Homeland security is much in the news again this week. On the one hand, U.S. Department of Homeland Security director Jeh Johnson was all over network television amplifying the latest terrorism threats that encouraged attacks on American shopping malls, especially the Mall of America in Minnesota.
"I'm not telling people to not go to the mall," Johnson explained Sunday on NBC's Meet The Press. "I think that there needs to be an awareness. ...I'm saying that the public needs to be particularly vigilant."
That gives new meaning to the old phrase "shop till you drop." The latest security theater was playing out, with its now-standard appeal to Americans to go about your regular life but... be alert and afraid. And it played out while the homeland security bureaucracy itself was in the news for a couple of other reasons.
First, the leaders of the Republican Congress were trying to retreat from their threat to shut down funding for the federal Department of Homeland Security unless President Barack Obama caved on his executive order protecting some undocumented immigrants. Funding for the agency expires Thursday.
The fight isn't just a federal budget issue in Washington; nearly $2 billion in federal grants of all sorts to local and state governments is funneled through the agency. The department itself has more than 190 locations across America.
But whatever the terror threat may be, new reports and surveys suggest that the most apparent and real enemy may be the federal security department itself. It is a massive, unwieldy cauldron of competing agencies and soured employees.
Here's how Washington Post reporter Jerry Markon last week summarized the department's multiple morale issues even as the agency embarks on more efforts to fix itself:
"Many DHS employees have said in the annual government ‘viewpoint' survey of federal employees that their senior leaders are ineffective; that the department discourages innovation, and that promotions and raises are not based on merit. Others have described in interviews how a stifling bureaucracy and relentless congressional criticism makes DHS an exhausting, even infuriating, place to work."
To those Americans being encouraged to go about our normal lives, there's only hope that this tortured bureaucracy somehow will do good. The Notebook previously has noted that the usual next step after creating a massive bureaucracy is calling for it to be broken apart. Stand by. But please, go about your normal business. The bureaucracy is.
■ Snow and ice. The weekend blast of bitter cold, snow and ice was nothing compared to the Twitter storm of biting comments on how Mayor Muriel Bowser's administration did or didn't respond adequately. If you're inclined to think her administration did well enough, there's a Twitter snap for that. If your streets were missed, plenty of comments on that, too.
The fact is, weather response is almost a no-win game. Call a snow emergency early to give people time to remove their cars from emergency routes, people complain you're too early — it's not even snowing. Wait too late, and people can't move their cars. It's the same with school closings: You're damned if you do or don't.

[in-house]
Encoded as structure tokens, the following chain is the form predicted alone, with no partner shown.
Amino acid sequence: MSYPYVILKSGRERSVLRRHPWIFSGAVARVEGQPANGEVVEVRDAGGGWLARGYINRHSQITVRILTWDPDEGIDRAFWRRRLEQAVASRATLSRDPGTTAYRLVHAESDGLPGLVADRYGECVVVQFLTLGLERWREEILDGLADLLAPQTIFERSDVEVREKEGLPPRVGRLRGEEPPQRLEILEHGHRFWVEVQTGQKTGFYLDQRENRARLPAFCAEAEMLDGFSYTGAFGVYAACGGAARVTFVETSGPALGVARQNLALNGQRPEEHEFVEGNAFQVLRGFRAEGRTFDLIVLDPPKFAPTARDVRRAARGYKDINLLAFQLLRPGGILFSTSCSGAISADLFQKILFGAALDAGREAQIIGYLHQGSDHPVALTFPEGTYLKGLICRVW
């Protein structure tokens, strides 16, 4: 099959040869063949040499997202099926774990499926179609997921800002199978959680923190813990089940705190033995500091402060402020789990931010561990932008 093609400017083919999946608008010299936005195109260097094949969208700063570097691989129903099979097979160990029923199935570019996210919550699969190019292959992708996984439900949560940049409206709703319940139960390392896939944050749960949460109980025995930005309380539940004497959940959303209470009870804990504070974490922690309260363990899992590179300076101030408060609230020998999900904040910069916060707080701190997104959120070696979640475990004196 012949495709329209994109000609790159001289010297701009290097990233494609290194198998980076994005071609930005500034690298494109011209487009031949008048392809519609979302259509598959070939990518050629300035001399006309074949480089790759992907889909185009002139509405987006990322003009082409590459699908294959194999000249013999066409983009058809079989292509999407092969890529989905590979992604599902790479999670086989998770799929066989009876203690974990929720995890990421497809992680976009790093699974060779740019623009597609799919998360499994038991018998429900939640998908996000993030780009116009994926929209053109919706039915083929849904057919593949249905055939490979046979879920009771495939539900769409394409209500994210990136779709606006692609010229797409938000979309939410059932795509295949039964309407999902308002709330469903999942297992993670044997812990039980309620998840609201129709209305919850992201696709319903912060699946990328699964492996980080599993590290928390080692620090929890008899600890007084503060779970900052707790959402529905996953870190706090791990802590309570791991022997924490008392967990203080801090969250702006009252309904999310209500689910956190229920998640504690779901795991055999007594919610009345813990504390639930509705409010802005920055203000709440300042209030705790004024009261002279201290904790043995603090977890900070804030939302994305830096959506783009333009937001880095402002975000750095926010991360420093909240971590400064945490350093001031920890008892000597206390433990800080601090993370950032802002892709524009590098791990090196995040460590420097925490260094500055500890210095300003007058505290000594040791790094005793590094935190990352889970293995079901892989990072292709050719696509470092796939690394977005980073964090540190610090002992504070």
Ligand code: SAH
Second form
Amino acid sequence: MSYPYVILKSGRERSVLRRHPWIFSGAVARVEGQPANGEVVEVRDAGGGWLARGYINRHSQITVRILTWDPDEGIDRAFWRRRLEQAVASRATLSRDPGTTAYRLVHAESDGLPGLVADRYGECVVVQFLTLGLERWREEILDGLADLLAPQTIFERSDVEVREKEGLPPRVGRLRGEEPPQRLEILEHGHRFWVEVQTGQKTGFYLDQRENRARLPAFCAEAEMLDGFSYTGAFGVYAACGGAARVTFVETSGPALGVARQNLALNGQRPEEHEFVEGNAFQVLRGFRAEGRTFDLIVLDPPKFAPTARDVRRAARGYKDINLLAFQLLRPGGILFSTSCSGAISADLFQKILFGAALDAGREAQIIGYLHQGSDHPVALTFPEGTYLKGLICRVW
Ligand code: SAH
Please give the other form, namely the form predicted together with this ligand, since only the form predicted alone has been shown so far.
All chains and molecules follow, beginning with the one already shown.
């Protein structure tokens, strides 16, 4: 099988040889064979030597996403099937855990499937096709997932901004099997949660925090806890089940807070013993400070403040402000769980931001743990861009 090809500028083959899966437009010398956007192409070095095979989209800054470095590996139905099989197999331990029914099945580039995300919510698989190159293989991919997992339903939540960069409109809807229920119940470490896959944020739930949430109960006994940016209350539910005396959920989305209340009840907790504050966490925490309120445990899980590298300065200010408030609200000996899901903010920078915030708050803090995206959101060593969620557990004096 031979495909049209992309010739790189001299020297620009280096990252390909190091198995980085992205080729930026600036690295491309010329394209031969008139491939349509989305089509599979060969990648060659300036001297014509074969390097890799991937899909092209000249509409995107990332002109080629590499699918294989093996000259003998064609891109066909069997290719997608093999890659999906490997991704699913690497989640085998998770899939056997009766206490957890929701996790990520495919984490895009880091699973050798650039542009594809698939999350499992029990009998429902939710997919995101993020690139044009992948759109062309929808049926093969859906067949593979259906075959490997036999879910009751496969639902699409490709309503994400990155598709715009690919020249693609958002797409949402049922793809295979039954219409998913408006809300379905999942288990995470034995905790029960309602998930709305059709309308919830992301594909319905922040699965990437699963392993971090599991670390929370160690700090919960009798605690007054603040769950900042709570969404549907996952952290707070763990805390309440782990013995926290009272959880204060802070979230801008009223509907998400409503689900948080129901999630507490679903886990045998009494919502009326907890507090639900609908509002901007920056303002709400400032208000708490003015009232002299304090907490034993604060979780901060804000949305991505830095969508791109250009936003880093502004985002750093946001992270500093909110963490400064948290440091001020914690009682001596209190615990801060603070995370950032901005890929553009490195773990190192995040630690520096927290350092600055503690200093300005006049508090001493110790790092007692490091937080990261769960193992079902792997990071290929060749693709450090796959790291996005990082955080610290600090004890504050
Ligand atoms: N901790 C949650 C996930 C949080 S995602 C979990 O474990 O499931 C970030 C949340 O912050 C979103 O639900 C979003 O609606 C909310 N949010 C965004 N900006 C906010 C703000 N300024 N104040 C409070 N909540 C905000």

The bottom line is any city must have a reasonable game plan, as well as the equipment and employees to carry out the plan. Back in the late 1990s, the District particularly was bereft of equipment, training and staff until then-Mayor Tony Williams and public works director Leslie Hotaling made commitments to correct all that. "Bring it on!" Hotaling once confidently shouted as the mayor displayed new snow-plowing equipment.
When Hotaling retired from government service in January 2004, the mayor noted the diminutive director's hard work and sense of humor in a difficult job. "She has led the department to a new level of professionalism and performance," he said. "She is, without a doubt, one of the finest public works administrators in the nation. Although small in stature, she has proven herself to be a heavyweight in a world dominated by heavy equipment and heavyset males."
Significantly, current public works director William Howland Jr. has been in the same job ever since, through Williams, Adrian Fenty, Vincent Gray and now Bowser. That's staying power. Whatever shortfalls, he must be doing something right in that high-profile post.
■ A pot postscript. As our deadline approached, Mayor Muriel Bowser was preparing to meet with D.C. Council members to discuss how the city will carry out the marijuana legalization law that the city says goes into effect at midnight Thursday. There were still some expectations that Congress might try again to block the law.
If it becomes law, the simple thing to know is that pot possession (up to two ounces) will be legal for private consumption in private spaces for those over 21. But it will still be illegal on any federal property, and that includes Rock Creek Park, traffic circles like Dupont and any of the many federal buildings in town. As D.C. Attorney General Karl Racine told the WAMU Politics Hour last Friday -- be cautious out there. The city is on new terrain.
Tom Sherwood, a Southwest resident, is a political reporter for News 4.